CEO of the Race Equality Foundation, Jabeer Butt OBE said: “Caring for our communities should mean leaving no-one behind, but the pandemic has exposed the cruel reality of inequalities in health and care today. This report confirms the disproportionate impact of Covid on both people receiving care and healthcare staff from Black, Asian and minority ethnic backgrounds. It is right to ask why Black and minority ethnic staff were more likely to be working on Covid-specific wards and it is deeply worrying that the CQC say ‘tackling inequalities was often not a main priority for systems.’
“Equally worrying is that many health inequalities are long-standing, with some evidence that action to address these has only been partially implemented. It is deeply disappointing that while targets were set for ensuring pregnant Black and minority ethnic women received continuity of care, the CQC found that only small numbers of women received this support and in some areas the teams were ‘put on hold or disbanded’. In building back better we need to demonstrate how we are building back fairer by addressing racial inequality.”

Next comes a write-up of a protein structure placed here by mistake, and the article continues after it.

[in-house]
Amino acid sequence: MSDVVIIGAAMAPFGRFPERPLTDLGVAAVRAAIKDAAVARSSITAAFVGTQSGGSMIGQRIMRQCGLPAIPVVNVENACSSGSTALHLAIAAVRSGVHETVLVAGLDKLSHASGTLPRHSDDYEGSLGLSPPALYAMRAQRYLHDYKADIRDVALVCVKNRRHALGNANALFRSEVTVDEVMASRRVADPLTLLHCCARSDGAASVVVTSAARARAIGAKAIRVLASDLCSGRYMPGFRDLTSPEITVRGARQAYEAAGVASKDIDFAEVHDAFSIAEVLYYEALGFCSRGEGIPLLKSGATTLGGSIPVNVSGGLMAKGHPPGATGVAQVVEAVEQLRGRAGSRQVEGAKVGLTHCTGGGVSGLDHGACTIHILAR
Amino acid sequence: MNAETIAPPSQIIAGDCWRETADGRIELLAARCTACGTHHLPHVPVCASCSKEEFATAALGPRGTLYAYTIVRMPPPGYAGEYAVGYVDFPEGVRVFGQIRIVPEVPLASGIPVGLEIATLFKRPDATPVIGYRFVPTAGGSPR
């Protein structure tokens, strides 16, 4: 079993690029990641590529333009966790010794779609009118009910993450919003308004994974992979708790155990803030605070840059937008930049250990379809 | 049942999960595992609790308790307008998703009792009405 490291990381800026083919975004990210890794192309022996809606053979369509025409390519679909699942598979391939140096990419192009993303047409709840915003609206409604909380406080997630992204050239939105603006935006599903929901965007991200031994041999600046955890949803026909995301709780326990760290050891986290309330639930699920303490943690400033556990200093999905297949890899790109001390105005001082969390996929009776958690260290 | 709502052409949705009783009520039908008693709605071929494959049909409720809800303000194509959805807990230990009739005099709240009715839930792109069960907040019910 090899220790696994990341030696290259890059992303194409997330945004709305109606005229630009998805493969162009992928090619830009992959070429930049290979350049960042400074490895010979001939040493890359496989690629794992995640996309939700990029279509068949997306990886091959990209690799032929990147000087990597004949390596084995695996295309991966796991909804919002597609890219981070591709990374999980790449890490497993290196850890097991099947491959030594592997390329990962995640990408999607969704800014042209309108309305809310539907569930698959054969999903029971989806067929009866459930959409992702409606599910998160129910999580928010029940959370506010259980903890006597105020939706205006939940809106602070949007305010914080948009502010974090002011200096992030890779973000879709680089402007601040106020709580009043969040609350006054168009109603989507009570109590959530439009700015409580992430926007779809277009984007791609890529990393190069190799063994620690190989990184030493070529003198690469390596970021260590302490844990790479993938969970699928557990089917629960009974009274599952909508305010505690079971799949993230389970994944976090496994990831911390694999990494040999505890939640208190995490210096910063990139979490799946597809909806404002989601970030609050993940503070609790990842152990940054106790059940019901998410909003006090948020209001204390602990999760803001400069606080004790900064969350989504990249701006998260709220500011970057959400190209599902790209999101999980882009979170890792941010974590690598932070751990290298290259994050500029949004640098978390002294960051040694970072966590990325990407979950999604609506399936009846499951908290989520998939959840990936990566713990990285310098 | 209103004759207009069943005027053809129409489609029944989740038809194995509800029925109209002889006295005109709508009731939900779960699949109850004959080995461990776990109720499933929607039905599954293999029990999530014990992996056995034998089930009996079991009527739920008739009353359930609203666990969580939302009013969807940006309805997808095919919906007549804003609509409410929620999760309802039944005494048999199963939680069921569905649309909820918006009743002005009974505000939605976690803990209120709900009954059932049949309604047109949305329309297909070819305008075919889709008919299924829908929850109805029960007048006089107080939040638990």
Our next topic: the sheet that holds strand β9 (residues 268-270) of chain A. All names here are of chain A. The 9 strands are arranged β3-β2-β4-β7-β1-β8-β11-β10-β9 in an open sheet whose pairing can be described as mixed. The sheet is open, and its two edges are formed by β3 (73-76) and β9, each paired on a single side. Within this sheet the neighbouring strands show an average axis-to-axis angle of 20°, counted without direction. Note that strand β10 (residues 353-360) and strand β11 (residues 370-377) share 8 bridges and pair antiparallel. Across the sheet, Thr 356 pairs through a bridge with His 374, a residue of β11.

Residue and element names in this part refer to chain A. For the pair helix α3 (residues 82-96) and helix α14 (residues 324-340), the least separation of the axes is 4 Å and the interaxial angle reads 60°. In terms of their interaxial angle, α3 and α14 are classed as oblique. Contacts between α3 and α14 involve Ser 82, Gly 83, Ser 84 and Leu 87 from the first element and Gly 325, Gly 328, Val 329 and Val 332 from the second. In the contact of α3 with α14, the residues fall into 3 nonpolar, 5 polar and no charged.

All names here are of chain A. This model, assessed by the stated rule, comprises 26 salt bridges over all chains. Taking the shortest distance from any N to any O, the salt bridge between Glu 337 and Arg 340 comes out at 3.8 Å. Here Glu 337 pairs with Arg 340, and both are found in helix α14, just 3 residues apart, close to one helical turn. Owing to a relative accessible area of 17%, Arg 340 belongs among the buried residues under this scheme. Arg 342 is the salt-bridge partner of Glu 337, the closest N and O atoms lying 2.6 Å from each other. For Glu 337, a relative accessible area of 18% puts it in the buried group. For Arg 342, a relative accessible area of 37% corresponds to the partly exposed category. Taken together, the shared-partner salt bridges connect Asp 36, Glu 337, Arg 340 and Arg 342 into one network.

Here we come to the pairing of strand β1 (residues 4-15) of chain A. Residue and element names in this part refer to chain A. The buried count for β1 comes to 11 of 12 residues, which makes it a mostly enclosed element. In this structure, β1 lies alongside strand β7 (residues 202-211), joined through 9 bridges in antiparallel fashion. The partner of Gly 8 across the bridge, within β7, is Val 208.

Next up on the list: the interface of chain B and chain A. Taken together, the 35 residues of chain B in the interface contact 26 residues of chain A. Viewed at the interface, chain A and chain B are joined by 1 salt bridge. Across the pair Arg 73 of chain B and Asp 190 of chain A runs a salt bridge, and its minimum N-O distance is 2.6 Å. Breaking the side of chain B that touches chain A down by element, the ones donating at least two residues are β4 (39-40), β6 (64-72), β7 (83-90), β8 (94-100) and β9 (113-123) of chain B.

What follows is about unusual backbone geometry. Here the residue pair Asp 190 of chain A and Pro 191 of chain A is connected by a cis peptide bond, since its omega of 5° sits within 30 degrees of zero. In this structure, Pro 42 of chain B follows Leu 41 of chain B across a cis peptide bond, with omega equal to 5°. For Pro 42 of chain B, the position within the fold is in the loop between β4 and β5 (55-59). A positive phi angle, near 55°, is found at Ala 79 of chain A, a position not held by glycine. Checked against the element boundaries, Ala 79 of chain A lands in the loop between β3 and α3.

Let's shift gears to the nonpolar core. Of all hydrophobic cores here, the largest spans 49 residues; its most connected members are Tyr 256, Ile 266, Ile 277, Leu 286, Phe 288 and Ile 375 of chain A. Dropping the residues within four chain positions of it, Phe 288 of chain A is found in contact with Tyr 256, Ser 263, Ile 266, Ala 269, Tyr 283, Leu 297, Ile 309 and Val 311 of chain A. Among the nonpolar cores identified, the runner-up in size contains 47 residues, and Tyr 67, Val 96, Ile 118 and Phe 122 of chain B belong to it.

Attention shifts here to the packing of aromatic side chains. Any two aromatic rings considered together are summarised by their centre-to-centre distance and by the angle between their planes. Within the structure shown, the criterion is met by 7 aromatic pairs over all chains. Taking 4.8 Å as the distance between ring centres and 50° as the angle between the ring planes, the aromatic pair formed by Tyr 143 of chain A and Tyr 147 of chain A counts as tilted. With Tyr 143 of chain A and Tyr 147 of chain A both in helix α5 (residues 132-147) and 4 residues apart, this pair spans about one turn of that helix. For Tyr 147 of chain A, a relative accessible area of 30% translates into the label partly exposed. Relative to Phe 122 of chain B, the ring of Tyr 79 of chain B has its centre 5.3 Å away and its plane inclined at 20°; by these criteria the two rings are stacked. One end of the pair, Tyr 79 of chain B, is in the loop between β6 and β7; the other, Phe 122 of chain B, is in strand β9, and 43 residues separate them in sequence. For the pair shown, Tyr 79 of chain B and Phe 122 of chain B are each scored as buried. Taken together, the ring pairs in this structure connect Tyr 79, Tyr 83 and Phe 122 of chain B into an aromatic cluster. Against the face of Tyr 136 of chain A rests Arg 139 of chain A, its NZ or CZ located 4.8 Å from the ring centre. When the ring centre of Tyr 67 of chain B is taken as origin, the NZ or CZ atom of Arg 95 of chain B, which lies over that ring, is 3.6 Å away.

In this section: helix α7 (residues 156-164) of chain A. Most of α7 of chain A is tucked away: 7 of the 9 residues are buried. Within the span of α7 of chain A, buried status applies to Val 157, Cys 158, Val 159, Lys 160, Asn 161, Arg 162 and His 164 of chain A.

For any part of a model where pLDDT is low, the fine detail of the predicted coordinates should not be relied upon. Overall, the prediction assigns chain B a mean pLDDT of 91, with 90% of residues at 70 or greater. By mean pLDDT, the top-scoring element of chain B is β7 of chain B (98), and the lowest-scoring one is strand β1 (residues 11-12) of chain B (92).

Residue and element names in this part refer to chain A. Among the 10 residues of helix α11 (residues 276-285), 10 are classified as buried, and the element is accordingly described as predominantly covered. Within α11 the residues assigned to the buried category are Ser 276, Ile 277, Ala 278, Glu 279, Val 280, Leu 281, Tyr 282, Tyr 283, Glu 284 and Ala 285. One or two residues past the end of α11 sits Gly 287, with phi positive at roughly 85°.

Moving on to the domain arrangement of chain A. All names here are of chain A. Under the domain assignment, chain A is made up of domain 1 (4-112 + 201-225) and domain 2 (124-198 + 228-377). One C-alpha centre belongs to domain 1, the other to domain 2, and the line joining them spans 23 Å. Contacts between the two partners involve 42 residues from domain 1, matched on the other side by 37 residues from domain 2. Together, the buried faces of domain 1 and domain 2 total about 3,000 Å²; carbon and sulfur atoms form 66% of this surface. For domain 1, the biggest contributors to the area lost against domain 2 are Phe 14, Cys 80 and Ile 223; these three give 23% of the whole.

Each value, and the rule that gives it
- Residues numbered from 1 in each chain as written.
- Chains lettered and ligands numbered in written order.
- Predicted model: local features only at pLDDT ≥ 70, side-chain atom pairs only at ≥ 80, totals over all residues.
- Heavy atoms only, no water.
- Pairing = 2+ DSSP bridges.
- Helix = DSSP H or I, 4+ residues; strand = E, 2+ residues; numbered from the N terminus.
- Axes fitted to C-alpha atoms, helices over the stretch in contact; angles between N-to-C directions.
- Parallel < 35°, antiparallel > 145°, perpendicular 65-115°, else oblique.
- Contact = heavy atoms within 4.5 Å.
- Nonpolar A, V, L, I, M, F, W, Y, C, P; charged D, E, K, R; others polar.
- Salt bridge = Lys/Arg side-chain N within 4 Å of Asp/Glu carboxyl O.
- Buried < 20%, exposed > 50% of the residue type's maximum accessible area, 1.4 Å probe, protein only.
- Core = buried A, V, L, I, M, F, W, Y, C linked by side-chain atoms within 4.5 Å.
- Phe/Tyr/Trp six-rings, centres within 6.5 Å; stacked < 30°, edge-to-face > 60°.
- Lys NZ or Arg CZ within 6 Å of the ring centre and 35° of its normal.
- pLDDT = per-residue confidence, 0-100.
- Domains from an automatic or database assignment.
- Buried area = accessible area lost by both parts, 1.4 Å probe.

Notes to editors
1. About the Race Equality Foundation
The Race Equality Foundation is a national charity tackling racial inequality across public services to improve the lives of Black, Asian and minority ethnic communities. Its areas of work cover health and care, housing, children and families, employment, communities and more.
2. Press contact: firstname.lastname@example.org / 07593 454182